Organizational leadership involves a group of motivated individuals working toward a common goal, and team building is a critical aspect for success. Managers of such structures must have a robust understanding of personality types to ensure a productive and collaborative work environment. Team building games and activities promote the formation of creative skills and relationships.
Organizational Leadership & Team Building
Organizational leadership skills are very organic. Relationships are formed by a group of individuals working toward a common goal; individual personalities and how those temperaments collaborate dictate the nature of the organization. Within this type of group structure:
- Management must ensure that there is a solid core for the group to form and provide a basis for progression toward a common goal.
- Organizational structure is superior to individual leadership as leaders are prone to self-serving interests.
To benefit the group and result in a more cohesive, effective and ultimately successful unit within the organization, leaders must have the ability to effectively carry out these activities. Modern day team building techniques are meant to bring out the best skills in individuals and encourage a sense of unity throughout a company. Although many of these methods are updated, they stem from early training practices.
Early Team Building Approaches
Strong teams are formed through training, empowerment and feedback. Team building studies began in the 1920s and 1930s and are linked to the often-referenced Hawthorne Studies. These research activities examined groups of workers exposed to various conditions and concluded that building a group identity and feelings of social support were significant among workers.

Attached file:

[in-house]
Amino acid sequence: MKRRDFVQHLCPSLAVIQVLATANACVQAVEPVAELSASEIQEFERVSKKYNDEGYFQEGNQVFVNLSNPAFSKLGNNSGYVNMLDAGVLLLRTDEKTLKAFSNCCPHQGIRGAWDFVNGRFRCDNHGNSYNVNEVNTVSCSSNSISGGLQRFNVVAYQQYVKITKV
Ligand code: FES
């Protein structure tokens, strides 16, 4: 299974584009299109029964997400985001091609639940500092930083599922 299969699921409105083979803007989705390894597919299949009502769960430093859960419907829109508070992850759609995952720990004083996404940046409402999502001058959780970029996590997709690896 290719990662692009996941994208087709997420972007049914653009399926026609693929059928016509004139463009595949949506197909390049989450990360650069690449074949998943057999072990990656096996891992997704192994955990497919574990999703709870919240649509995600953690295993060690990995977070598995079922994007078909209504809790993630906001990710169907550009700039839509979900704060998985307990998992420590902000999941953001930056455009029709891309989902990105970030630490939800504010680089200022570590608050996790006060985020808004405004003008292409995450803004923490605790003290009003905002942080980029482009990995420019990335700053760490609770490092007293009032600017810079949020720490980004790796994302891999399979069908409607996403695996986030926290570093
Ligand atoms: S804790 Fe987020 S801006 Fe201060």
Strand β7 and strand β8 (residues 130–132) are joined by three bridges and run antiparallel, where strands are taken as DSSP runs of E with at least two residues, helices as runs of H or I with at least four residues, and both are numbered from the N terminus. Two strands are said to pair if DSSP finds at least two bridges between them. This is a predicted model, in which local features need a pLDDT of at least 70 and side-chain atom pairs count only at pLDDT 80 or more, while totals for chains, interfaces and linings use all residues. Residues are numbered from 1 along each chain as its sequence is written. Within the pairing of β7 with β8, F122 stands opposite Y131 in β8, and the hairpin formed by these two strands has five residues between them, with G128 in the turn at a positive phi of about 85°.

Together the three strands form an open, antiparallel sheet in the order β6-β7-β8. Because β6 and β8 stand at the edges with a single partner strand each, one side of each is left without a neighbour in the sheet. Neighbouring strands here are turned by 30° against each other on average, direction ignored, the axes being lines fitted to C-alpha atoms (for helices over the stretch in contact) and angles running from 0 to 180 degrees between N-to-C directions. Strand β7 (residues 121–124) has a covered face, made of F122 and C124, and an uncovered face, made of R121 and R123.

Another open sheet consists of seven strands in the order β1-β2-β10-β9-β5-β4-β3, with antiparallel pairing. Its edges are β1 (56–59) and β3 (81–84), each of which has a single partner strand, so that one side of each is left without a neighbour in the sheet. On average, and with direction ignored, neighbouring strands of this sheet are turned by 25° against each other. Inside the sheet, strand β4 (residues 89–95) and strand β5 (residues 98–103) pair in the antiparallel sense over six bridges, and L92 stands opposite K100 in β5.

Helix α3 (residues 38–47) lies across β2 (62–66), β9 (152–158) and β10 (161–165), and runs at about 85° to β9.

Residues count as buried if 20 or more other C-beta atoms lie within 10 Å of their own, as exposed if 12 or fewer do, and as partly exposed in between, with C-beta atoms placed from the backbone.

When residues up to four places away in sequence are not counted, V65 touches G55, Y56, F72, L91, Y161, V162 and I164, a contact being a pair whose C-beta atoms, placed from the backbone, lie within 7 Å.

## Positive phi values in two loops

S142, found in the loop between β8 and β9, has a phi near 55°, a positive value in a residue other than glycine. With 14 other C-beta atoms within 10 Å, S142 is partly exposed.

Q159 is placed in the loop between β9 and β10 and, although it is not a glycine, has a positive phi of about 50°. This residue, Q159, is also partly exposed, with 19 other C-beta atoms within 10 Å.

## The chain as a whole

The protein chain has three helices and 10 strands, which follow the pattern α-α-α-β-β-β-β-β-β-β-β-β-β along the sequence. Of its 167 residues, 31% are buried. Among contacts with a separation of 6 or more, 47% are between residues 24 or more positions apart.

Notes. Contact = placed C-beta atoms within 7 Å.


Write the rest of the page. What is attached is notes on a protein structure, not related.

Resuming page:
Conditions pertinent to effective team development involved managers:
- Taking a personal interest in each individual’s personal achievements.
- Taking pride in the group’s record.
- Helping the group work collaboratively to establish its own working status quo.
- Faithfully posting performance feedback.
Critical conditions for the group were:
- Taking pride in collaborative achievements.
- Not feeling pressure to change.
- Being consulted prior to organizational change.
- Developing confidence.
Other often-referenced team development models are Bruce Tuckman’s Theory (1965), the Tannenbaum and Schmidt Continuum, and the Hersey and Blanchard’s Situational Model.
- Tuckman’s four-stage (forming, storming, norming, and performing and later, adjourning) model claims that as the group maturesand grows more capable, their relationships evolve, necessitating a change in leadership style as well.
- Tannenbaum and Schmidt’s Continuum shows that as the leader relinquishes authority and freedom to the team, the leader’s control diminishes.
- Hersey and Blanchard’s Situational Model reveals that ideal team development transitions from a stage of immaturity to one of maturity, at which point the team is self-managing, containing at least one potential future leader.
While all of these theories have been revised and updated, the fundamental principles are still applicable to modern team building concepts.
Consideration for the individual is an important aspect of modern team-building. For example, knowing if the individual is an introvert or extrovert, a thinker or a feeler, or one who judges or perceives, can better enable successful team building and understanding of individual motivators within the team structure.